The admitted facts demonstrate a most sensitive specific situation in an area in the throes of a widespread and explosive riot. Petitioner plainly saw a law enforcement officer in uniform carrying a loaded shotgun at port arms with his finger on the trigger, approaching him in the vehicle in which he had been seated, which vehicle he had been ordered to but did not move. Opprobrious language was plainly directed to the officer approaching them, which certainly did not indicate either good will or any desire to cooperate with the order which they had received or in any other respect. In these circumstances for petitioner to reach for the gun or to '* * * put his hand over the top * * *' was fraught with grave and inherent danger to human life. The record recounted does not permit this court to say there is not substantial evidence to support an indictment for murder.

In People v. Gilbert, 63 A.C. 722, at page 736, 47 Cal.Rptr. 909, 917, 408 P.2d 365, 373, the court says:

'* * * 'Murder is the unlawful killing of a human being, with malice aforethought.' (Pen.Code § 187). Such malice is implied under Penal Code section 188 when the defendant or his accomplice "for a base, anti-social motive and with wanton disregard for human life, does an act which involves a high degree of probability that it will result in death".'

Greenberg v. Superior Court, 19 Cal.2d 319, 121 P.2d 713, announces the rule that a writ of prohibition will lie where an indictment 'is unsupported by any evidence before the grand jury.' (Greenberg v. Superior Court, supra, p. 322, 121 P.2d p. 715.) However, '[i]f there is some evidence to support the indictment the courts will not inquire into its sufficiency * * *' (id. at p. 322, 121 P.2d p. 715; emphasis added) and the cause should be determined by a trial on the merits. (See also, Rogers v. Superior Court, 46 Cal.2d 3, 7, 291 P.2d 929; Whitlock v. Superior Court, 97 Cal.App.2d 26, 30, 217 P.2d 158; Callan v. Superior Court, 204 Cal.App.2d 652, 662, 22 Cal.Rptr. 508). It is not necessary that the evidence be strong enough to support a verdict of...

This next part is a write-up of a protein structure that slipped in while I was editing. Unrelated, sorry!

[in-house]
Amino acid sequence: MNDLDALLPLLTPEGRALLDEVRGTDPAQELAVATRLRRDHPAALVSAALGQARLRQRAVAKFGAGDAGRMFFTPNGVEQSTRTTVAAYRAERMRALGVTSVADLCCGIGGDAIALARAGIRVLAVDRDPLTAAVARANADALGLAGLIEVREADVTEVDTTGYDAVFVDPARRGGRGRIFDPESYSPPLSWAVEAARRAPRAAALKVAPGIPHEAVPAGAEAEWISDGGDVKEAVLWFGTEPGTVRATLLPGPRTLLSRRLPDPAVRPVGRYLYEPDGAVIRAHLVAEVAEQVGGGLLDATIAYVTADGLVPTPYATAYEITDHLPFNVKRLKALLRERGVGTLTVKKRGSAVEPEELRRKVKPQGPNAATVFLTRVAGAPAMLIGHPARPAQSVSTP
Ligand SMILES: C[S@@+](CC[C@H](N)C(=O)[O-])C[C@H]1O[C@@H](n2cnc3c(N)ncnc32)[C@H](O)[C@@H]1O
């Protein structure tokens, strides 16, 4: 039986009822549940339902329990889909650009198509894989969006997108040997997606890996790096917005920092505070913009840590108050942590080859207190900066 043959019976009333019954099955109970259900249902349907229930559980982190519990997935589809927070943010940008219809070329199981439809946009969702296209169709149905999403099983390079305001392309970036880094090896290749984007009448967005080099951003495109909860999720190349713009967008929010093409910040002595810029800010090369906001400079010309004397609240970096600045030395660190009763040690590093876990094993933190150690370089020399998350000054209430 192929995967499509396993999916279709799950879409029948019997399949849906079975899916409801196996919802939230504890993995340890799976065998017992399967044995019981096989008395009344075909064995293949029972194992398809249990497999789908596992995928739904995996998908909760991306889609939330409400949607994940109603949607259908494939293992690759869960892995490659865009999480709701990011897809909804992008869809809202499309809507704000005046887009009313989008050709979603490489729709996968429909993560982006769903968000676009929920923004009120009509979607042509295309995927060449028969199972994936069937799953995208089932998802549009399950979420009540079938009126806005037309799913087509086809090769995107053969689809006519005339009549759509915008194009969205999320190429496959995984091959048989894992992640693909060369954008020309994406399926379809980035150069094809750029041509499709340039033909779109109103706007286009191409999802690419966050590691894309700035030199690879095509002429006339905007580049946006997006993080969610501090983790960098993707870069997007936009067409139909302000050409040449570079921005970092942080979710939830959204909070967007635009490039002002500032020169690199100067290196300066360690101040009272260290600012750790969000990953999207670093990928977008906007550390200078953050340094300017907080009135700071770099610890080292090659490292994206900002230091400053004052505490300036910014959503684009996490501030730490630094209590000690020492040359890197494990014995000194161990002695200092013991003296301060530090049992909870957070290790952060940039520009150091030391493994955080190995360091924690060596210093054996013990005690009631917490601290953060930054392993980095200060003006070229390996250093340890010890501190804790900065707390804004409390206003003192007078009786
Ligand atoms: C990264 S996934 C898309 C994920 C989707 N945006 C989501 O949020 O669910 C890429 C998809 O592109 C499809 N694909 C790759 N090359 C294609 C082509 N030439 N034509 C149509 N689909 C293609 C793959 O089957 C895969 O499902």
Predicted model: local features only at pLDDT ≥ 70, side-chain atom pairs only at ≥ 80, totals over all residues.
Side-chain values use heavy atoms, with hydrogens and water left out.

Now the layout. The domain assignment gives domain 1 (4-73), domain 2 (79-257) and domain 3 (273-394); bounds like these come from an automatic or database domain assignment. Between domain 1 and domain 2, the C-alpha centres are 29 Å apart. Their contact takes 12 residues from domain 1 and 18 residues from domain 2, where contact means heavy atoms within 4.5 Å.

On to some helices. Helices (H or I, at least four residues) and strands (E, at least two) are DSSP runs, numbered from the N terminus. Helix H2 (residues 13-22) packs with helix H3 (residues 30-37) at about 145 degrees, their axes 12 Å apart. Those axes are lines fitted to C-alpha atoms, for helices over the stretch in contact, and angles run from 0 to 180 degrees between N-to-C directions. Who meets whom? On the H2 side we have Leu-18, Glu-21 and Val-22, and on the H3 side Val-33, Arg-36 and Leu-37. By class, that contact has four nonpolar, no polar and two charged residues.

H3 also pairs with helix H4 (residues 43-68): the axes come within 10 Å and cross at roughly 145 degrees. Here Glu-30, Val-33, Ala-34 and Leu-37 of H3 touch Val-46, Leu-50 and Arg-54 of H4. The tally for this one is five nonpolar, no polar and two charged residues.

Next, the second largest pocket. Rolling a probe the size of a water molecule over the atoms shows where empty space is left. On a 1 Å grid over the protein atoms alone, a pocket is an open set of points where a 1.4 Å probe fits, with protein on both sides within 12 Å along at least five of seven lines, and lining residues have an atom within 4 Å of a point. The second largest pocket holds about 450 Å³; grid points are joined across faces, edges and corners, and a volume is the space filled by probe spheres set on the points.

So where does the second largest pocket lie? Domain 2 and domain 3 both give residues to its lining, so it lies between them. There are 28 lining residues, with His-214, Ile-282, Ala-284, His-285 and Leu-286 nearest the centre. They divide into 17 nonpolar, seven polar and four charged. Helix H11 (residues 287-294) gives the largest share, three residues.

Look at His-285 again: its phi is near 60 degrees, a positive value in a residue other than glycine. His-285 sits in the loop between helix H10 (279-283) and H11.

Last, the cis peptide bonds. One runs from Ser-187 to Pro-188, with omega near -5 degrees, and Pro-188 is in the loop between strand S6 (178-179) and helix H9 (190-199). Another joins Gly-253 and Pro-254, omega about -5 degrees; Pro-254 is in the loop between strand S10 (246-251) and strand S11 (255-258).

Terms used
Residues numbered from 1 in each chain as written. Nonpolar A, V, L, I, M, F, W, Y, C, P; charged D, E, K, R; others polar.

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  • People v. Burroughs, Cr. 23151
    • United States
    • United States State Supreme Court (California)
    • April 19, 1984
    ...v. Cline (1969) 270 Cal.App.2d 328, 333, 75 Cal.Rptr. 459 [furnishing or administering dangerous drugs]; Brooks v. Superior Court (1966) 239 Cal.App.2d 538, 541, 48 Cal.Rptr. 762 [forcibly preventing a police officer from performing his duty].) In these few cases, as today's majority observ......
  • People v. Williams, Cr. 16181
    • United States
    • California Court of Appeals
    • December 12, 1977
    ...grasping the gun of an officer who was ordering him to leave a riot area was of similar import. (Brooks v. Superior Court (1966) 239 Cal.App.2d 538, 539-540, 48 Cal.Rptr. 762.) In the later Taylor case the defendant's conviction was set aside because, although he was a confederate of the vi......
  • Taylor v. Superior Court, S.F. 22730
    • United States
    • United States State Supreme Court (California)
    • December 2, 1970
    ...defendant initiated the gunplay. * * *' (270 Cal.App.2d at pp. 45--46, 75 Cal.Rptr. at p. 435.) Similarly, in Brooks v. Superior Court, 239 Cal.App.2d 538, 48 Cal.Rptr. 762 (hg. den.), petitioner had directed 'opprobrious language' to the arresting officer and had grasped the officer's shot......
  • People v. Jacobs, B
    • United States
    • California Court of Appeals
    • November 9, 1987
    ...especially if there is an attempt to rescue the victim. It is sufficient for second degree murder. (See Brooks v. Superior Court (1966) 239 Cal.App.2d 538, 541, 48 Cal.Rptr. The evidence also supported the possibility of a voluntary manslaughter alternative, about which the jury was also in......